What You Need to Know About Your Horse’s Hunter’s Bump

Two veterinarians explain why horses develop hunter’s bumps and how to treat them.

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veterinarian examining horse's back
The best way to treat a hunter’s bump is to prevent it from forming. | Courtesy Duncan Peters

Named after the type of equine athlete it usually affects—the hunter/jumper—a hunter’s bump is a characteristic upward protrusion at the horse’s hindquarters over the sacroiliac (SI) region. This bump is often more than just a simple blemish. The cause, impact on performance, and appropriate treatment of a hunter’s bump varies greatly from rump to rump, so let’s take a closer look at this common, but sometimes misunderstood condition.

Etiology and Causes

What exactly is a hunter’s bump? The possible etiologies and various structures involved contribute to the confusion and myths surrounding the condition, because there are actually several types of hunter’s bumps, explains Coralie Morauw, DVM, CVSMT, associate veterinarian at Chicago Equine Medical Center, in Wauconda, Illinois, and faculty of Veterinary Spinal Manipulative Therapy (VSMT) at the Healing Oasis Wellness Center, in Sturtevant, Wisconsin.

“To start with a bit of anatomy, the sacroiliac joint connects the hind limb with the spine where the sacral vertebrae and ilium (pelvis) meet,” says Morauw. “Its main function is forward propulsion. Tons of important soft tissue structures surround the SI joint, notably the lateral sacroiliac, dorsal sacroiliac, and sacrosciatic ligaments, as well as major muscle groups including the gluteal and iliopsoas muscles.”

When a hunter’s bump is not present, both tuber sacrales—the top eminences of the ilium—follow the silhouette of the croup smoothly, without protrusion. In contrast, a hunter’s bump is a protuberance of one or both tuber sacrales. Such protrusion can be unilateral or bilateral and is generally linked to one of five main causes, says Morauw, which are often interconnected:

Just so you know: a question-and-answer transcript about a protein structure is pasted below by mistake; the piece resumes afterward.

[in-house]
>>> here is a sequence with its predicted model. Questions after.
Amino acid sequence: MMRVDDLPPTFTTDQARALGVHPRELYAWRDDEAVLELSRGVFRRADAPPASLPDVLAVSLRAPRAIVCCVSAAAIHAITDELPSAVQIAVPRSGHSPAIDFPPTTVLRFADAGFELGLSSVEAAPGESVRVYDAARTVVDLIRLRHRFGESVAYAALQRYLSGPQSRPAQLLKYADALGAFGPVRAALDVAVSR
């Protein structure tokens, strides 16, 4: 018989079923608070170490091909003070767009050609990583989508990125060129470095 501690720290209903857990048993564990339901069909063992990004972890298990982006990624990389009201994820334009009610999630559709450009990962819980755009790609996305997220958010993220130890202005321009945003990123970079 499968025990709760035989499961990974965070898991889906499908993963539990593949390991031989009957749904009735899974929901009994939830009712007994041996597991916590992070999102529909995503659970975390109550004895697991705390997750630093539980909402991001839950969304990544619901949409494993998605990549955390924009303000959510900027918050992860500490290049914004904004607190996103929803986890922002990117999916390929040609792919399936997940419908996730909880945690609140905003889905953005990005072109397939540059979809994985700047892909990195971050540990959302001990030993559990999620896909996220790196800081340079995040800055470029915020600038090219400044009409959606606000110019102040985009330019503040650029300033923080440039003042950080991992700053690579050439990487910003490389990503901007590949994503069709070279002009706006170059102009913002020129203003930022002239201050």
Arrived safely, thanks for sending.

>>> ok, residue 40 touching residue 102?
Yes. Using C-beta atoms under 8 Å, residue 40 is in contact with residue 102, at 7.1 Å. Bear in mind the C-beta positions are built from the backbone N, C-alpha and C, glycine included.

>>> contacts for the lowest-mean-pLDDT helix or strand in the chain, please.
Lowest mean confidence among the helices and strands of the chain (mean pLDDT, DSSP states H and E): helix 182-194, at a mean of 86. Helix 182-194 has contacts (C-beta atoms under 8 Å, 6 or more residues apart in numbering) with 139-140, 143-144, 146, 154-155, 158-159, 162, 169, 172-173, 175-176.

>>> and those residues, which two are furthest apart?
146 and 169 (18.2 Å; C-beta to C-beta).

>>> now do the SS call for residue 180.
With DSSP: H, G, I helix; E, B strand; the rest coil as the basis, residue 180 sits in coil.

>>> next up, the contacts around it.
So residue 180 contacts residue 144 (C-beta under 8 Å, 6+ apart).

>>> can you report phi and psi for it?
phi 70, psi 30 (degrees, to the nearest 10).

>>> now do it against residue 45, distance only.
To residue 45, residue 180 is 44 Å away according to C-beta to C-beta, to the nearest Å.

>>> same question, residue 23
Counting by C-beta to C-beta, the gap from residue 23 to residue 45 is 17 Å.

1. Conformation. Two big conformation flaws that predispose a horse to a “rump bump” are a flat rump—one lacking angulation—and a straight hind leg. In these cases, the tuber sacrales protrude upward even though there is nothing physiologically wrong with them.
  2. Musculature variation. Any asymmetry in the gluteal muscles can result in a hunter’s bump appearance. A unilateral increase in musculature can cause the opposite side to appear decreased, revealing a protruding tuber sacrale on one side only.
  3. Related to cause No. 2, muscle neuropathy from diseases such as equine protozoal myeloencephalitis (EPM) or nerve entrapment can contribute to hind-end muscular asymmetries. Beyond the nefarious effects of the neuropathy itself, the resulting muscle atrophy (wasting) increases the risk of strain and injury to the sacroiliac region, making the horse more vulnerable to hind-end pain and lameness.
  1. Altered stance stemming from a pain response. Horses can adjust their posture to reduce pressure in a painful area. This can cause the ilium to shift upward, resulting in the apparition of a hunter’s bump. Asymmetrical movement due to pain can also lead to asymmetrical muscle development, linking back to cause No. 2. Chronic overuse of the SI joint, muscles, and/or ligaments in the region can all lead to pain and inflammation and create a hunter’s bump. This bump might appear, for example, when the sacroiliac ligaments are strained.
  2. Subluxation or luxation. A subluxation is a partial dislocation, and a luxation is a full dislocation of the SI joint, where the latter is usually traumatic and carries a poor prognosis. Subluxations are common in jumping disciplines and result in hypomotility (reduced range of motion) of the joint. In the case of a hunter’s bump, the sacroiliac joint is restricted in a fashion that the tuber sacrale is more dorsal (further up toward the head) than normal.

Effect on Soundness and Performance